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Wed Apr 2 09:15:33 EDT 2008

purr18 / redefine

maybe leave the incremental compilation bit till later, and try to
port the core purrr18 language first, then figure out how to modify
the assembler. maybe the latter should really be kept separate so i
can target external assemblers.

ok.. the next problem is the use of a lot of undefined bindings in the
previous pic18 spec. it needs a proper mechanism for target plugin
behaviour. one way to solve it is to wipe it under the carpet and move
it to the assembler, since that's symbolic. but this probably won't
work for everything. i.e. if a DUP is defined in the kernel, it needs
to be replaced in all the code that uses it. it's true late binding.

there are 2 paths to take, the static one (units + explicit linking)
and the dynamic one (just redefine the macro structs). since the
core language is macros only, that's ok.

there is one problem though: the core language's code should be
independent of target. if some target decides that a core macro needs
to change, core shouldn't have to know that. that means it has to
provide an exact specification of all words that can be
redefined.

this looks like too much of a hassle, so let's go for redefine using
mutation of word structs + some mechanism to at least keep track of
changes.

what about this: allow for macros to be redefined by checking for the
availability of the identifier. if they are defined, bind the old
functionality to a name SUPER, so one could do things like:

   (([drop] dup)  ([movf 'INDF0 0 0]))
   ((dup)         (macro: SUPER))

this makes sure that words are at least defined, and it also makes the
hierarchy between redefines clear (= same as module hierarchy).

what model is this? it's not late binding (at least one binding needs
to be present).

TODO:
       * fix 'insert' syntax to something simpler. OK
       * add redefines to the macro syntax

think more about why this is a bad idea.


redefine can be a postprocess step by having it refer to itself first,
then to swap the old and new implementations.

why are assignments bad? no sharing is possible. that's where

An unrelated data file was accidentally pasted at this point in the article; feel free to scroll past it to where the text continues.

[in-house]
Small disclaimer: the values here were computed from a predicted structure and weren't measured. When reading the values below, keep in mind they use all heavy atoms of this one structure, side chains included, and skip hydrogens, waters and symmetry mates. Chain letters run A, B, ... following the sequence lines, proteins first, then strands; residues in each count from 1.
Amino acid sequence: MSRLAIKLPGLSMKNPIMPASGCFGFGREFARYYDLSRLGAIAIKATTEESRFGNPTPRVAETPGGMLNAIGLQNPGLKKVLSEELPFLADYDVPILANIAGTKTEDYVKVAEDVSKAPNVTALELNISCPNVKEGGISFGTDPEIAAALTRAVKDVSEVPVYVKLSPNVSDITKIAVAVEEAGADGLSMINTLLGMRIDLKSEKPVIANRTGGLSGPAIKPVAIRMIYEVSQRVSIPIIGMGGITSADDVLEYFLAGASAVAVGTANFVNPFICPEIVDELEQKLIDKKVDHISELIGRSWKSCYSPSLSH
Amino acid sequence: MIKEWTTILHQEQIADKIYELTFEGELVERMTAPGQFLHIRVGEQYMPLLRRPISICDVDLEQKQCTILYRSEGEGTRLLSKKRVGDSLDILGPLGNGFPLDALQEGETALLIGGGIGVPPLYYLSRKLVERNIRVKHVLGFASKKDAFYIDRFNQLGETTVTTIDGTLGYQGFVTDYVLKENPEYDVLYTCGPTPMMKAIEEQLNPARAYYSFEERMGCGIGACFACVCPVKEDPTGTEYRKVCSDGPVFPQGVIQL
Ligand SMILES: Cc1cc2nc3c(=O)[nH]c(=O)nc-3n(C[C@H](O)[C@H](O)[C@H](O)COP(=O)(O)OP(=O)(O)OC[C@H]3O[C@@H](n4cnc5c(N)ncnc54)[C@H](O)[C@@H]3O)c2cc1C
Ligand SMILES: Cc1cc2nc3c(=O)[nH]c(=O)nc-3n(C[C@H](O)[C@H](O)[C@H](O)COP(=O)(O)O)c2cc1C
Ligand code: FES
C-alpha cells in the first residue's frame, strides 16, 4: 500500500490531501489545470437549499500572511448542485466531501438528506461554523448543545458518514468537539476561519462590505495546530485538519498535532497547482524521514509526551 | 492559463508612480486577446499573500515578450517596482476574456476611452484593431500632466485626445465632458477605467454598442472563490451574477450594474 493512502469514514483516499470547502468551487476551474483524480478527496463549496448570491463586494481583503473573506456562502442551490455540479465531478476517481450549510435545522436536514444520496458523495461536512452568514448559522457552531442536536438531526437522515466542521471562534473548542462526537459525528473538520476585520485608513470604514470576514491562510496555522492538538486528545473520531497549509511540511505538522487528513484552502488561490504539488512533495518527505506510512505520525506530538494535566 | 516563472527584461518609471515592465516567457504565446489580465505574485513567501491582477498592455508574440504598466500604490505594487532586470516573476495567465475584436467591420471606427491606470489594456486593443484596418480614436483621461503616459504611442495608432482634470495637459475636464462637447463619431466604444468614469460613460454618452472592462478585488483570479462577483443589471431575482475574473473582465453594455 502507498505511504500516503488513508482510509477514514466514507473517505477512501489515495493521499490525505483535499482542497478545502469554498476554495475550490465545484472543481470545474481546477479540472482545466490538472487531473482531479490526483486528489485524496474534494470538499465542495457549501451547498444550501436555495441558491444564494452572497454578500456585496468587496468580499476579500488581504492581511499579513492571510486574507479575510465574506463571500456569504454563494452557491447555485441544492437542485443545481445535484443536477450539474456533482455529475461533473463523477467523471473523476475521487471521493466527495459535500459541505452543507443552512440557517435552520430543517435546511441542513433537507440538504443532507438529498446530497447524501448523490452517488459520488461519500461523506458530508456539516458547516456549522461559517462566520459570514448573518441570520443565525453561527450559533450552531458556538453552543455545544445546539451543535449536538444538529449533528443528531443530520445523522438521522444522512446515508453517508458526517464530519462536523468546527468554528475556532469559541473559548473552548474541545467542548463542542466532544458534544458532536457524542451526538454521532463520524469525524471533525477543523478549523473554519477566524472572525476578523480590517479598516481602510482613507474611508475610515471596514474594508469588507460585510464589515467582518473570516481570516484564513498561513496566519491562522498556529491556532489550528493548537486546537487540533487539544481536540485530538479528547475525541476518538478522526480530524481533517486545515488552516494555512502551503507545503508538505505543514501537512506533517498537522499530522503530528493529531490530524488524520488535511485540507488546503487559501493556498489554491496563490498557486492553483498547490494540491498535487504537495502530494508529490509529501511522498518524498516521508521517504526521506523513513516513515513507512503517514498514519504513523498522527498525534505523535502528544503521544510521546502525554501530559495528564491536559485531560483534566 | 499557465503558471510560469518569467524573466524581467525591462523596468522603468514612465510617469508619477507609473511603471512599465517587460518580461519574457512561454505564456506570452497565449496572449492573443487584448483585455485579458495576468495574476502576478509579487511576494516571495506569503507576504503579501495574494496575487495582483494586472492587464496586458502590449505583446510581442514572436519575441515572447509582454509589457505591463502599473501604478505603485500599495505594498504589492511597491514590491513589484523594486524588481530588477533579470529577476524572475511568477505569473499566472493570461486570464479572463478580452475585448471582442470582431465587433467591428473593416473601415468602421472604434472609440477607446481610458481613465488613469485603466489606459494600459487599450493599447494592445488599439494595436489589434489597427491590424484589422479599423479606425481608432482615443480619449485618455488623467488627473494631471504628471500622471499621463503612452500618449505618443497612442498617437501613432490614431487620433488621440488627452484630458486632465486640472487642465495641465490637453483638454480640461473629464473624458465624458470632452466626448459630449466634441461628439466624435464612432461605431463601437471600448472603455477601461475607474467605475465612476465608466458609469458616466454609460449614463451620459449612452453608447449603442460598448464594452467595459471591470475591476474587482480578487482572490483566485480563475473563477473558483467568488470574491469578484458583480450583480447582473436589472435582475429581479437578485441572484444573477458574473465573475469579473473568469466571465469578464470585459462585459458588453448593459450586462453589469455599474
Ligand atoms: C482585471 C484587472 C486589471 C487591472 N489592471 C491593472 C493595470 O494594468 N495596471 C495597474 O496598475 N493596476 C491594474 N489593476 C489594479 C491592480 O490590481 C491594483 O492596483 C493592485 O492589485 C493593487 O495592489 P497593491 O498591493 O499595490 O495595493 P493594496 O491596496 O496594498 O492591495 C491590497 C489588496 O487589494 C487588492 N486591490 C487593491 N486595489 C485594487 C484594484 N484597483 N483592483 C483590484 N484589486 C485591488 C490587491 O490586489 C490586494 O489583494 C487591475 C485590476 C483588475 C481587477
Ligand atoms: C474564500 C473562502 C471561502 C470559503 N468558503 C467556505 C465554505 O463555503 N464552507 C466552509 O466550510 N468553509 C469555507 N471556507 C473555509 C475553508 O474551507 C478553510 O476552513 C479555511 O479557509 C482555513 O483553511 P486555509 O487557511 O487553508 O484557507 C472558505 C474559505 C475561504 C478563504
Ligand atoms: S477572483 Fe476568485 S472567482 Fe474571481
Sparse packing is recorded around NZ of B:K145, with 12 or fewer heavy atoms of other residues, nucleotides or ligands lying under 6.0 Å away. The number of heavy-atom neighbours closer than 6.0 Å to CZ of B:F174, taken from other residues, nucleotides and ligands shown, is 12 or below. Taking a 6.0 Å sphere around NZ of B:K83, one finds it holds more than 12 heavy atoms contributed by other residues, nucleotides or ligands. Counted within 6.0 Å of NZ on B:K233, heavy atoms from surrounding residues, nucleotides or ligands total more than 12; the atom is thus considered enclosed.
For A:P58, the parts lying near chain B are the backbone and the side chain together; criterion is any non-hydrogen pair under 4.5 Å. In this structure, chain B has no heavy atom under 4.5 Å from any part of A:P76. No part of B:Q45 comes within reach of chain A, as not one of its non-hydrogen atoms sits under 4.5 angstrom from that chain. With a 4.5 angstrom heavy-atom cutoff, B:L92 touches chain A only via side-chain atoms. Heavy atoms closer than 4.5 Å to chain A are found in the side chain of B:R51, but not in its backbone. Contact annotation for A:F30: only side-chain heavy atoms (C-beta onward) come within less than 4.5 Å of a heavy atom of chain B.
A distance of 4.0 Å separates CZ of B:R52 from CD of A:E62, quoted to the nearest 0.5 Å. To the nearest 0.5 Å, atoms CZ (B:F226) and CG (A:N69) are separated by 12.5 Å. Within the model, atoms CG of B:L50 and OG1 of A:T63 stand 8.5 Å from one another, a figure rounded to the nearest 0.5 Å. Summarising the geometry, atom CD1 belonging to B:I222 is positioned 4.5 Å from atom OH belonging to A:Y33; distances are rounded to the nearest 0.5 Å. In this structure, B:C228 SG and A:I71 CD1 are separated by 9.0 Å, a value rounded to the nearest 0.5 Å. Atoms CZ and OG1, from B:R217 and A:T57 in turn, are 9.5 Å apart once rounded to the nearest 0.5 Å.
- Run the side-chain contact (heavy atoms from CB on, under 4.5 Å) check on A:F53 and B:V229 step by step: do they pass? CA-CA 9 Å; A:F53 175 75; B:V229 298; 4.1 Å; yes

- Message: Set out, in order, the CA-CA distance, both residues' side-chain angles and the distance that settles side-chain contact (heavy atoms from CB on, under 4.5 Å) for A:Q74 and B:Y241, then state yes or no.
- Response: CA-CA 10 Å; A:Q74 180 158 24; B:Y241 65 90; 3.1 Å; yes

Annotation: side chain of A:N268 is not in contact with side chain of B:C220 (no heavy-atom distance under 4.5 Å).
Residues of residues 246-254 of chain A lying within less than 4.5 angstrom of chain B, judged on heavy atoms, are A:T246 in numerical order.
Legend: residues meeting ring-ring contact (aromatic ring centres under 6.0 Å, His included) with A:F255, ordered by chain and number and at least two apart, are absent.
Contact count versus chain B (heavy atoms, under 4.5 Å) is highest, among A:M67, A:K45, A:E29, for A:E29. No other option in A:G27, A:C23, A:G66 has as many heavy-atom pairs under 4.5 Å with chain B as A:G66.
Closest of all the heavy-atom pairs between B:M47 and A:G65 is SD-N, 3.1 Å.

parameters are better in some cases: at least the extent of the side
effect is limited. so should i just make each word a parameter?


  - if the name exists, it doesn't get redefined, but the word that's
    returned by the wrapper is swapped with the one defined


(define <name> <body) ->

(letrec ((macro/super <body>))
  (swap-word! <name> macro/super))

can this be handled by define-ns ?

no.. it needs to be at the module language level: that's where the
define-ns macro is inserted. nope.. it needs to be deeper than that.

got it working with this:

(define (define/swap!-ns-tx define stx)
  (syntax-case stx ()
    ((swap! ns name val)
     (let ((id (ns-prefixed #'ns #'name)))
       (if (identifier-binding id)
           ;; introduce 'super' as temporary self-ref
           (let ((super
                  (ns-prefixed
                   #'ns (datum->syntax #'val 'super))))
             #`(letrec ((#,super val))
                 ;; swap to undo self-ref
                 (swap! #,super #,id)))
           #`(#,define #,id val))))))

tested with:

(define/swap!-ns word-swap! (macro) dup (macro: super super))
-> expands to
(letrec-values (((macro/super) (macro: super super)))
  (word-swap! macro/super macro/dup))

(macro/dup (make-state '() '((qw 123))))
-> #(struct:state () ((qw 123) (qw 123) (qw 123)))

the module level thing didn't work because the 'require' statements
were not expanded yet, so bindings were not there.

now, the test case with forth lang doesnt work. FIXED: problem was
the introduction of 'super' from syntax context != source.



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